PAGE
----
If you’re feeling a bit lost this fall you might be in the Kraay Family Farm corn maze. The corn has reached its peak height of 8-12 feet tall and will stay that way until the end of the season.
Rachel Kraay, of Kraay Family Farm, didn’t know if they would be able to open the farm this spring, but after speaking with Alberta Health Services they determined they would be able to open – with a few changes.
“We started a booking system, which we’ve never done before, where people could book their time online because we knew this fall would get busy. So, we are trying to navigate those waters and of course lots and lots of signage and gallons upon gallons of hand sanitizer around the farm,” said Kraay.
Some of the changes included cancelling the pig races because they tend to draw crowds. They also had to create informational ads on the Kraay Family Farm radio reminding people to social distance and wash their hands.
“It’s a very different year as far as planning. We did decide not to do a couple of bigger projects because we didn’t know what was going to happen and what the different measures that we’d have to take here on the farm would be,” she said.
What the farm was able to plan was a sunflower maze that was up earlier in the season and has now “gone to seed,” and the corn maze.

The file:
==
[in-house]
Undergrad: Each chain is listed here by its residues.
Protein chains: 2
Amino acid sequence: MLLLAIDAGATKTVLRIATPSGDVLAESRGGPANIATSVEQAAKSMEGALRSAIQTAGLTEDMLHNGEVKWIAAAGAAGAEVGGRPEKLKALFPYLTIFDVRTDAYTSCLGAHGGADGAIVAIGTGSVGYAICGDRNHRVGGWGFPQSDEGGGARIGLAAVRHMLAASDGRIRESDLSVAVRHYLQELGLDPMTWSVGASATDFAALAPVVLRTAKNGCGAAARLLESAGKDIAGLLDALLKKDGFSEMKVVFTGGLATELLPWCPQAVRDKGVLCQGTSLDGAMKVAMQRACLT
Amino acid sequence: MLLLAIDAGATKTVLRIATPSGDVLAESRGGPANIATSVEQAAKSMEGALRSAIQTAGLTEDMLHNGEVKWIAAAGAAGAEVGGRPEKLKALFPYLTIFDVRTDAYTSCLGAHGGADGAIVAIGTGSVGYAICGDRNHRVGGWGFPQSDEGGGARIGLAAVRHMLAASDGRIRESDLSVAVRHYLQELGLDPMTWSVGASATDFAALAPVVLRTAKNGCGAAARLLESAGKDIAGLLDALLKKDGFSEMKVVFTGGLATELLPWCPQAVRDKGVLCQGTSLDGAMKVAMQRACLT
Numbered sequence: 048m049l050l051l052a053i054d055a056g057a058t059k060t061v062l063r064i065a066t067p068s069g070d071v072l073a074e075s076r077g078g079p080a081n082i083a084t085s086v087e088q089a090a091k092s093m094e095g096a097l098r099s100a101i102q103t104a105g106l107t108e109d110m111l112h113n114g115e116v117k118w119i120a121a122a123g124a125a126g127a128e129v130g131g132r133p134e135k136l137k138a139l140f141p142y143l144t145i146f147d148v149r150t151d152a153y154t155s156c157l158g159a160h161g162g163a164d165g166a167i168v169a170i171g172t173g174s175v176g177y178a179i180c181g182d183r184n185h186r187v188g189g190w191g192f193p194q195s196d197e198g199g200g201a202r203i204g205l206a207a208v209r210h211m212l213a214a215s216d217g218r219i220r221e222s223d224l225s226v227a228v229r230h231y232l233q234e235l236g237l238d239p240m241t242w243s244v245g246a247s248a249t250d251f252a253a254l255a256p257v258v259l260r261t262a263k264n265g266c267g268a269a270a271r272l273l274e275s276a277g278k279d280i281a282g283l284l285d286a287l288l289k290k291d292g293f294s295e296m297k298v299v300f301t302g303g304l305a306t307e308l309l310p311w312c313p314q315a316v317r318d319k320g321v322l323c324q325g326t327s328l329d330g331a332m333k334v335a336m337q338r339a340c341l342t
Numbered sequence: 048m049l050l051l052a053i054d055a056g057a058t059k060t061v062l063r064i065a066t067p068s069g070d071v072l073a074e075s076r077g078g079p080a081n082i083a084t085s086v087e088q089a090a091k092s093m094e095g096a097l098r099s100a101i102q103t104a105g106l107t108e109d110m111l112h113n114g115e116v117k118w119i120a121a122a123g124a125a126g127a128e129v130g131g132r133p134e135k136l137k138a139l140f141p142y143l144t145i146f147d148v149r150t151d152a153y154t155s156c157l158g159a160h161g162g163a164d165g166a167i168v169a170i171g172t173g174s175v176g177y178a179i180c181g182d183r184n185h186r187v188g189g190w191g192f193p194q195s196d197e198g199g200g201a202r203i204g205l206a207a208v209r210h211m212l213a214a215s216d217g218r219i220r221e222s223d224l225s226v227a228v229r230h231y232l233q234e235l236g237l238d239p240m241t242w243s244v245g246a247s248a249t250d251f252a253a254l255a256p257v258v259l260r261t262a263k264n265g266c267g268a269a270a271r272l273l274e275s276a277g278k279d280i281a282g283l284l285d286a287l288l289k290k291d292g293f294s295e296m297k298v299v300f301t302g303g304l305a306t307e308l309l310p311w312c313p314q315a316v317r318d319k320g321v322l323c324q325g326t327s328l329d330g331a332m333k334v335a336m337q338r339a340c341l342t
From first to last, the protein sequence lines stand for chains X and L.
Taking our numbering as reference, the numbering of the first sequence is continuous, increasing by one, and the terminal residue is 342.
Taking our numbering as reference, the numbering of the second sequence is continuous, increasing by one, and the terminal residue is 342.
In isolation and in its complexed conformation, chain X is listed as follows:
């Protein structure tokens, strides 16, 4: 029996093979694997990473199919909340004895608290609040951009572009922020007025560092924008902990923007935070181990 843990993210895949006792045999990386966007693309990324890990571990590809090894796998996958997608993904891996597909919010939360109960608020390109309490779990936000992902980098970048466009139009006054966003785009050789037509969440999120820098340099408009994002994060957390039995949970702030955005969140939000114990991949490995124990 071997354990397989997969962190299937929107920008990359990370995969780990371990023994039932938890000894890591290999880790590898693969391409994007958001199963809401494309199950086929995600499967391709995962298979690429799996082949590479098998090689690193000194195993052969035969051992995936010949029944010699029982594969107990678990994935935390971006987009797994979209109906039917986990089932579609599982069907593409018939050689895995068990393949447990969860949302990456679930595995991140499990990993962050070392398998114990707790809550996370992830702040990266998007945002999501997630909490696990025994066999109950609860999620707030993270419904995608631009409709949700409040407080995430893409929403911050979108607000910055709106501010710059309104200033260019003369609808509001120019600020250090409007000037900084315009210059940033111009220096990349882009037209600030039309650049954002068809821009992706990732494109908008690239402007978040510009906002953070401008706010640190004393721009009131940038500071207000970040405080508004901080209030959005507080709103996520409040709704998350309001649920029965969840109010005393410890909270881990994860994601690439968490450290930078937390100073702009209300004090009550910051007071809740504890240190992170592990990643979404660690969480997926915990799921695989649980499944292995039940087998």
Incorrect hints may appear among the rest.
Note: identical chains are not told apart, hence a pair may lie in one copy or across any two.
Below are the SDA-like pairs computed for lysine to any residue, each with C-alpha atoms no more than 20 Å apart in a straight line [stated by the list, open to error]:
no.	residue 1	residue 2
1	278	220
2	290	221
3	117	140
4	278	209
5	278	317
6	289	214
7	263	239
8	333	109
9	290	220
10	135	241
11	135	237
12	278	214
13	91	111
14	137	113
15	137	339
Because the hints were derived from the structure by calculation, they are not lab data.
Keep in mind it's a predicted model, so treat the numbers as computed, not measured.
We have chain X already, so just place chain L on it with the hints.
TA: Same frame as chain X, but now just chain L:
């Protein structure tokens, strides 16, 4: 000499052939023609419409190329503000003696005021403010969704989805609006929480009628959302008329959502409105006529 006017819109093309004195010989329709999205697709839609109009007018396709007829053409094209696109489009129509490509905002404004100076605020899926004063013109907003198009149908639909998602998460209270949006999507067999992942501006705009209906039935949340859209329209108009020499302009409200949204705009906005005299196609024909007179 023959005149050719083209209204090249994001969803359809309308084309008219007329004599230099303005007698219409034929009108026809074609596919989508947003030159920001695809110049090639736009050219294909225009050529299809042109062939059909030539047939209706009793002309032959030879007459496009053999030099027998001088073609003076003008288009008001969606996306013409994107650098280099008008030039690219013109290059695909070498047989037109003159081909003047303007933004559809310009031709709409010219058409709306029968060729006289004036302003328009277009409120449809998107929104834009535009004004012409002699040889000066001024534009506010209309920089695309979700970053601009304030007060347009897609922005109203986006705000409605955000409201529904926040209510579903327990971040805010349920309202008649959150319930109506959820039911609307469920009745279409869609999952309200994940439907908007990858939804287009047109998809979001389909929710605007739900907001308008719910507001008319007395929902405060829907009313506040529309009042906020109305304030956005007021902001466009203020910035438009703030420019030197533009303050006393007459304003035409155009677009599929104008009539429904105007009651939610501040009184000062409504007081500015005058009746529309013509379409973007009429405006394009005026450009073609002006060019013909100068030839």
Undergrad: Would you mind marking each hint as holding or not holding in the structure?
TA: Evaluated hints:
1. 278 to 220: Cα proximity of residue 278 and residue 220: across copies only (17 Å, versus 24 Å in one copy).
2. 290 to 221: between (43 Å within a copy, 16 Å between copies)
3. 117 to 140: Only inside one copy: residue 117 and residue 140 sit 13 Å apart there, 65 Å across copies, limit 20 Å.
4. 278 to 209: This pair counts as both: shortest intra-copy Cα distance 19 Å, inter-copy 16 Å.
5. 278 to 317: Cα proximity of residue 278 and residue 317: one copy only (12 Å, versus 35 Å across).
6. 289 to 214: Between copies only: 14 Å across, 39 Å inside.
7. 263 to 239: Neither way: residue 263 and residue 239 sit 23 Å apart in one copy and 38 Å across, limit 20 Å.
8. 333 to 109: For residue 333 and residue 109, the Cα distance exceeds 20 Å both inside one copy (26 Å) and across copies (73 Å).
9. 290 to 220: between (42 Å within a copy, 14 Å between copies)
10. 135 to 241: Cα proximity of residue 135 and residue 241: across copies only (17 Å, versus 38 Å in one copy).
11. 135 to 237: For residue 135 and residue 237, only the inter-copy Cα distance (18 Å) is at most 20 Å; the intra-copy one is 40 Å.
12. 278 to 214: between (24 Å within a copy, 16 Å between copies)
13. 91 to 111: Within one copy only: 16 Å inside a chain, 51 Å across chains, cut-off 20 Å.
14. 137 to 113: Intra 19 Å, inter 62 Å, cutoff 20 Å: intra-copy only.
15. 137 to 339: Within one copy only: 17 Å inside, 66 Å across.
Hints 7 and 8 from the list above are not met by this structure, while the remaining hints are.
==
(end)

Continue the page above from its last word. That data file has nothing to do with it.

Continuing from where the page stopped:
This year, the corn maze is one big section divided into two smaller mazes. The theme is Alberta Cares and the maze features pieces of the Alberta crest. The corn will stay green until the weather gets cold and then it will turn crunchy as the weather changes.
“As we get our first hard frost, which we haven’t gotten yet, then the corn will slowly start to get that crispy corn feeling and sound,” said Kraay.
The pumpkin patch has also got the fall feeling.
“We just started pumpkin picking this week and the big tent will be up next week,” said Kraay.
They keep the pumpkins in the tent as opposed to the patch to keep them warm.
“The pumpkin patch is more for photos because if we left the pumpkins in there they would just be mush by the end,” Kraay explained.
Business has decreased for the farm this year. Kraay doesn’t have official numbers, yet, but she is estimating they have seen a 20-30 per cent drop – which she says is understandable.
“There’s less travelling. Also, people just need to feel comfortable being out here and we know that’s not for everybody, and different people have different circumstances,” said Kraay. “We’re about 20-30 per cent down right now, but that’s better than not being open.”